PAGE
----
Ayurvedic is an alternative medicine system with historical roots in the Indian subcontinent. The theory and practice of Ayurvedic is pseudoscientific. Ayurvedic is heavily practiced in India and Nepal, where around 80% of the population report using it.
Ayurvedic therapies have varied and evolved over more than two millennia. Therapies include herbal medicines, special diets, meditation, yoga, massage, laxatives, enemas, and medical oils.
Ayurvedic preparations are typically based on complex herbal compounds, minerals, and metal substances (perhaps under the influence of early Indian alchemy or rasashastra). Ancient Ayurvedic texts also taught surgical techniques, including rhinoplasty, kidney stone extractions, sutures, and the extraction of foreign objects.
The main classical Ayurvedic texts begin with accounts of the transmission of medical knowledge from the gods to sages, and then to human physicians. Printed editions of the Sushruta Samhita (Sushruta’s Compendium), frame the work as the teachings of Dhanvantari, Hindu god of Ayurvedic , incarnated as King Divodāsa of Varanasi, to a group of physicians, including Sushruta.
The oldest manuscripts of the work, however, omit this frame, ascribing the work directly to King Divodāsa. Through well-understood processes of modernization and globalization, Ayurvedic has been adapted for Western consumption, notably by Baba Hari Dass in the 1970s and Maharishi Ayurveda in the 1980s.
Historical evidence for Ayurvedic texts, terminology and concepts appears from the middle of the first millennium BCE onwards.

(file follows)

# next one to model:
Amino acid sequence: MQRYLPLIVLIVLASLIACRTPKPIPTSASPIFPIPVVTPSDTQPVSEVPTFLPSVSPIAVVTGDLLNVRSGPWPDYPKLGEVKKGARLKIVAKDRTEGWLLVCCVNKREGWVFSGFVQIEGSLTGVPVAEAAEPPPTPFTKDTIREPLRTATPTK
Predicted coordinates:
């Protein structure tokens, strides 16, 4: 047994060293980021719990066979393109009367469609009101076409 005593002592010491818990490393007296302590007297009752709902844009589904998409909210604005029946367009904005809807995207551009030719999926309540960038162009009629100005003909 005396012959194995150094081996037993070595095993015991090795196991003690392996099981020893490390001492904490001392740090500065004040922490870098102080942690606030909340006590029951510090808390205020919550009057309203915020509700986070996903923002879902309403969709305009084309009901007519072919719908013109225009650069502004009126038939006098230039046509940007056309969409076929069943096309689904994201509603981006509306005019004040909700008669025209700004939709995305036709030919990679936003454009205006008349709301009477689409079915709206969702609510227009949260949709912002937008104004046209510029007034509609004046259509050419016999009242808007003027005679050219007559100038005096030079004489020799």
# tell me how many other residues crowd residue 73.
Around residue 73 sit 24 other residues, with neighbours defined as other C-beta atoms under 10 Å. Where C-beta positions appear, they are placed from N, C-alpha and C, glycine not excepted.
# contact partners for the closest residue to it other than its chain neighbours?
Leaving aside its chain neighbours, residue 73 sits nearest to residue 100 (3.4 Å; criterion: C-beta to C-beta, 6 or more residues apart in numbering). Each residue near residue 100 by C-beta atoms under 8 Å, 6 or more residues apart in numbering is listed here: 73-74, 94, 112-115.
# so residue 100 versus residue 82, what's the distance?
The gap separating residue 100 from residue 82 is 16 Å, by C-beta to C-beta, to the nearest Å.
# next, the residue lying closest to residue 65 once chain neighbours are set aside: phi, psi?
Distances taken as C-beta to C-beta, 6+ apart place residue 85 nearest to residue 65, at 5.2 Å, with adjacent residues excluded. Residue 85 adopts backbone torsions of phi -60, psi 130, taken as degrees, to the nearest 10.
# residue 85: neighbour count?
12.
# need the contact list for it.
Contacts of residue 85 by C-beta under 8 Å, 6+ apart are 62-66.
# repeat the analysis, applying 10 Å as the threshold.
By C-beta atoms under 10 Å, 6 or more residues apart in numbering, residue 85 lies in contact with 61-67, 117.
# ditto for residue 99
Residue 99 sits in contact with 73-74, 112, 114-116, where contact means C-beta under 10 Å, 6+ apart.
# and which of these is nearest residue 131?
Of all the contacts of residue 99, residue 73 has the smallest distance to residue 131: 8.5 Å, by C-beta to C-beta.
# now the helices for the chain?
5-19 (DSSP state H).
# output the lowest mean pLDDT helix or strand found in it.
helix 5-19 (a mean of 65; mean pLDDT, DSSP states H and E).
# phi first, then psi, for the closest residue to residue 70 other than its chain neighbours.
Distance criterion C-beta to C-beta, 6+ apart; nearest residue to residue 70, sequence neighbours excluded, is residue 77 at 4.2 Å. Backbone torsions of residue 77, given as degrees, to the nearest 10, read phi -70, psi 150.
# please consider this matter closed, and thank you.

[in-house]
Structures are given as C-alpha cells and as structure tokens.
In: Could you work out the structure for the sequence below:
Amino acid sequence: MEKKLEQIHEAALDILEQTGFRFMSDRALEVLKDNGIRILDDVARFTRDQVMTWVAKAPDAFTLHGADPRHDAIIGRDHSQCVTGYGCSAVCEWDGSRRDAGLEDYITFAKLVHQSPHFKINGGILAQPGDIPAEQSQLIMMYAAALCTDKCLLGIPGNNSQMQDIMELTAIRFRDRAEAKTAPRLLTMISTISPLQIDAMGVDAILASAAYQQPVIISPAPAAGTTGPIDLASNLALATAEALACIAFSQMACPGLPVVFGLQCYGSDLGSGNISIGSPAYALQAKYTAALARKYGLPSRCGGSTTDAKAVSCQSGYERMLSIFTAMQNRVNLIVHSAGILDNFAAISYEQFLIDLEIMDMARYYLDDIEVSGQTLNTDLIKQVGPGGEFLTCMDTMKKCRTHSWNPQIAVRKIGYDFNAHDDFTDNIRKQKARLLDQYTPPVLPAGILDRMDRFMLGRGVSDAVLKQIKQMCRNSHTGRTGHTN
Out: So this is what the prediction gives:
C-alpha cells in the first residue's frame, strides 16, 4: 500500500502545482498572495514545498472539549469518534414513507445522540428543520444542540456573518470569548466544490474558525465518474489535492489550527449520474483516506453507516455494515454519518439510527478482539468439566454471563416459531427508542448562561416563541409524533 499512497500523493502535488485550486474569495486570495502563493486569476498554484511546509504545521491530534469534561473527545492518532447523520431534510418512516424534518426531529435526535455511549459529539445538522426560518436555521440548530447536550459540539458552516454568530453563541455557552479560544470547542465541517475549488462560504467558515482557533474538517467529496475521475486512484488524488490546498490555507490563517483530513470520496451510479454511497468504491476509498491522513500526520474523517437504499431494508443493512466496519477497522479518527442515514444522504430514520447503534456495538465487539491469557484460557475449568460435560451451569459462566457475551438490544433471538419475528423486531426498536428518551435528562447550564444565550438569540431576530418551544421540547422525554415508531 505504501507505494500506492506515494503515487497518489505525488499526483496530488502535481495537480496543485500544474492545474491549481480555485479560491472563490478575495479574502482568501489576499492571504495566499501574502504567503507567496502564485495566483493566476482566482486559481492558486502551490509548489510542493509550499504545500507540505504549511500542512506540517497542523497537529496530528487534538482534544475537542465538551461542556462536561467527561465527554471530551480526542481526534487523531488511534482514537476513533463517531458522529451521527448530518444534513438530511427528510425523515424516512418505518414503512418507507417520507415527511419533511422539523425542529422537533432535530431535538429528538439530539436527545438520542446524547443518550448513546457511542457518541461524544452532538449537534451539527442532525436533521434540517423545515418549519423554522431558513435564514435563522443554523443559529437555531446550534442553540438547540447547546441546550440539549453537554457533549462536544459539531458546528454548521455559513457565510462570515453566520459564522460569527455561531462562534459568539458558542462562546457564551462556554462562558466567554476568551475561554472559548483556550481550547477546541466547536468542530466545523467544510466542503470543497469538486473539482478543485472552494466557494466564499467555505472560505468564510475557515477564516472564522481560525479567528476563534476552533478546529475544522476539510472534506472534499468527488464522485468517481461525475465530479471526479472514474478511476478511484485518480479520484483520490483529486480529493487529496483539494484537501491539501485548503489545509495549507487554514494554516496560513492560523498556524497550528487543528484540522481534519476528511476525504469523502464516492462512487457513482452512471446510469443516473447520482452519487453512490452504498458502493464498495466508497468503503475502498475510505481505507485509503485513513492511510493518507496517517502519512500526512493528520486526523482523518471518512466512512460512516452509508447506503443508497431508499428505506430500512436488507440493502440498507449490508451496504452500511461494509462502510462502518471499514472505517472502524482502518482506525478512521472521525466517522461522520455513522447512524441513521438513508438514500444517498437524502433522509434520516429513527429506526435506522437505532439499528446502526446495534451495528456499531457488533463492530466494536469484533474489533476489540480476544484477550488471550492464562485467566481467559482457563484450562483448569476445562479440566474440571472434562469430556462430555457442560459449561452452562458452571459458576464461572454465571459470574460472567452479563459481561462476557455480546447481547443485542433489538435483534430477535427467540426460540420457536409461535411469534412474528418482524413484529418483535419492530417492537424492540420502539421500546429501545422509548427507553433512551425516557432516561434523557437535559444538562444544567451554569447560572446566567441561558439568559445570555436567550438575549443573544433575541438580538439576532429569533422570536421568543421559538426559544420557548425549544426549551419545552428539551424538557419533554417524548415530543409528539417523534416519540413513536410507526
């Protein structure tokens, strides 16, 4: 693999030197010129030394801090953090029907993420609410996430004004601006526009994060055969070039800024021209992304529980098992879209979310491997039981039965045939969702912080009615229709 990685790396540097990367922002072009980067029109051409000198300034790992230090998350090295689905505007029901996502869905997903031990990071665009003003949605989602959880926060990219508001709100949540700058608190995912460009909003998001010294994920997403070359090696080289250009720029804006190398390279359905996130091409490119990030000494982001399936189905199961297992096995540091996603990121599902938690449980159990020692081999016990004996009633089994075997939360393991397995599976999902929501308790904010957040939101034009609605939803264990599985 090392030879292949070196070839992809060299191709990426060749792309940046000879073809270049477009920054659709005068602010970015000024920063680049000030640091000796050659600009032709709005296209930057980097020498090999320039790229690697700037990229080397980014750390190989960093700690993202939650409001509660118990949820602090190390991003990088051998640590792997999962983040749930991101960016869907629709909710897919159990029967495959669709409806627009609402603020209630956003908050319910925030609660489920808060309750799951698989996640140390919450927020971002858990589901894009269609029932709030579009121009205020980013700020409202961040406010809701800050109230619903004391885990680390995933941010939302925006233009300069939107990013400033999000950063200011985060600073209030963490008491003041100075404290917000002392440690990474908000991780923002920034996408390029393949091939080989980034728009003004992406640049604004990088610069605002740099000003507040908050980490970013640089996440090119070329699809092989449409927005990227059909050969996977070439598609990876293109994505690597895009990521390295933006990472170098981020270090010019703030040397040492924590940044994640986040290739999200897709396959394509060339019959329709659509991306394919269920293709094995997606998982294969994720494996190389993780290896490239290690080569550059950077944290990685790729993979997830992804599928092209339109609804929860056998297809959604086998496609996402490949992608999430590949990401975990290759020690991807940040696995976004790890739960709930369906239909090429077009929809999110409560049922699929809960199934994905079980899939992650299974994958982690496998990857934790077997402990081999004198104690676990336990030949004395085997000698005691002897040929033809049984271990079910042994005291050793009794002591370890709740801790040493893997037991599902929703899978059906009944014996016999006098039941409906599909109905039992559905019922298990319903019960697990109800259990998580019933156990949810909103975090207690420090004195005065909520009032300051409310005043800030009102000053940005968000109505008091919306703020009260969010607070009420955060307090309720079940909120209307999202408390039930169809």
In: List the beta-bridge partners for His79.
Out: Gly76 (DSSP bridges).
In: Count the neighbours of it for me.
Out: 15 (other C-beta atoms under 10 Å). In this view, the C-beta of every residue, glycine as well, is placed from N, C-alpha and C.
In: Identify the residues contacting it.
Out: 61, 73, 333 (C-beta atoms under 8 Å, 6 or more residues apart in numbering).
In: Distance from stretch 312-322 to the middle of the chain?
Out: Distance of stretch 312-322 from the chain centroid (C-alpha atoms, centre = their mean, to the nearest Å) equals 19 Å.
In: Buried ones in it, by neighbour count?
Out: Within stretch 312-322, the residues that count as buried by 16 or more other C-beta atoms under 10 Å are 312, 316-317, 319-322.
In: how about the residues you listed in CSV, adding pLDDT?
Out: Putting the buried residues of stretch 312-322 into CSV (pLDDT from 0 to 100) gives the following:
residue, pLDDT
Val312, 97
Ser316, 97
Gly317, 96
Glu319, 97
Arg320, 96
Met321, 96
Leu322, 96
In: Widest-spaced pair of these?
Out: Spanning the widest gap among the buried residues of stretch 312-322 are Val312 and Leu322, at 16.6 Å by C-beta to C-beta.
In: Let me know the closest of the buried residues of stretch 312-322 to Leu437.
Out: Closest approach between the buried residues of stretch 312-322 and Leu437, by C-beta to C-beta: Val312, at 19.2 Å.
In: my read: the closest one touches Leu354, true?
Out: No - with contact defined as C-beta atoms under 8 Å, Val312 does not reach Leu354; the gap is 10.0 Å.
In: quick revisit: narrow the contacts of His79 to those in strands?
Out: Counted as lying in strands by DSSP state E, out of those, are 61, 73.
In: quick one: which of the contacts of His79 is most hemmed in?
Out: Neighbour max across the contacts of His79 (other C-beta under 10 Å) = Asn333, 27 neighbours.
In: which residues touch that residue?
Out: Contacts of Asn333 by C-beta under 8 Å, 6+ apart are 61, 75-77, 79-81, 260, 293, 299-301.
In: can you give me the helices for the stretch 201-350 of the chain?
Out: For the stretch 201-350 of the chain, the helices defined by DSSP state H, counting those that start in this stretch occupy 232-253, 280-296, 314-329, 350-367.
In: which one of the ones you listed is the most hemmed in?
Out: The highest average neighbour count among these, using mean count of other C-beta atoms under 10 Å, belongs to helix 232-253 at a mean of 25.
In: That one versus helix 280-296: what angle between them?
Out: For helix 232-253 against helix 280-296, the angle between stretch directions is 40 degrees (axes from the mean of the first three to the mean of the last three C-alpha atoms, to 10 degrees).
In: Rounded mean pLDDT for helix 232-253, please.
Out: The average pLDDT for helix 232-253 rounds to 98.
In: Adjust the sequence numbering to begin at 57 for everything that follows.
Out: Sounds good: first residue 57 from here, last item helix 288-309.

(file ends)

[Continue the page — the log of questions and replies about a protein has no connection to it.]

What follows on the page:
In Ayurveda texts, Dosha balance is emphasized, and suppressing natural urges is considered unhealthy and claimed to lead to illness. Ayurveda treatises describe three elemental doshas viz. vāta, pitta and kapha, and state that balance (Skt. sāmyatva) of the doshas results in health, while imbalance (viṣamatva) results in disease.
Ayurveda treatises divide medicine into eight canonical components. Ayurveda practitioners had developed various medicinal preparations and surgical procedures from at least the beginning of the common era.
There is no good evidence that Ayurveda is effective to treat or cure cancer. Some Ayurvedic preparations have been found to contain lead, mercury, and arsenic, substances known to be harmful to humans.
A 2008 study found the three substances in close to 21% of U.S. and Indian-manufactured patent Ayurvedic medicines sold through the Internet. The public health implications of such metallic contaminants in India are unknown.
The central theoretical ideas of Ayurveda show parallels with Sāṅkhya and Vaiśeṣika philosophies, as well as with Buddhism and Jainism. Balance is emphasized, and suppressing natural urges is considered unhealthy and claimed to lead to illness. For example, to suppress sneezing is said to potentially give rise to shoulder pain.
However, people are also cautioned to stay within the limits of reasonable balance and measure when following nature’s urges. For example, emphasis is placed on moderation of food intake, sleep, and sexual intercourse.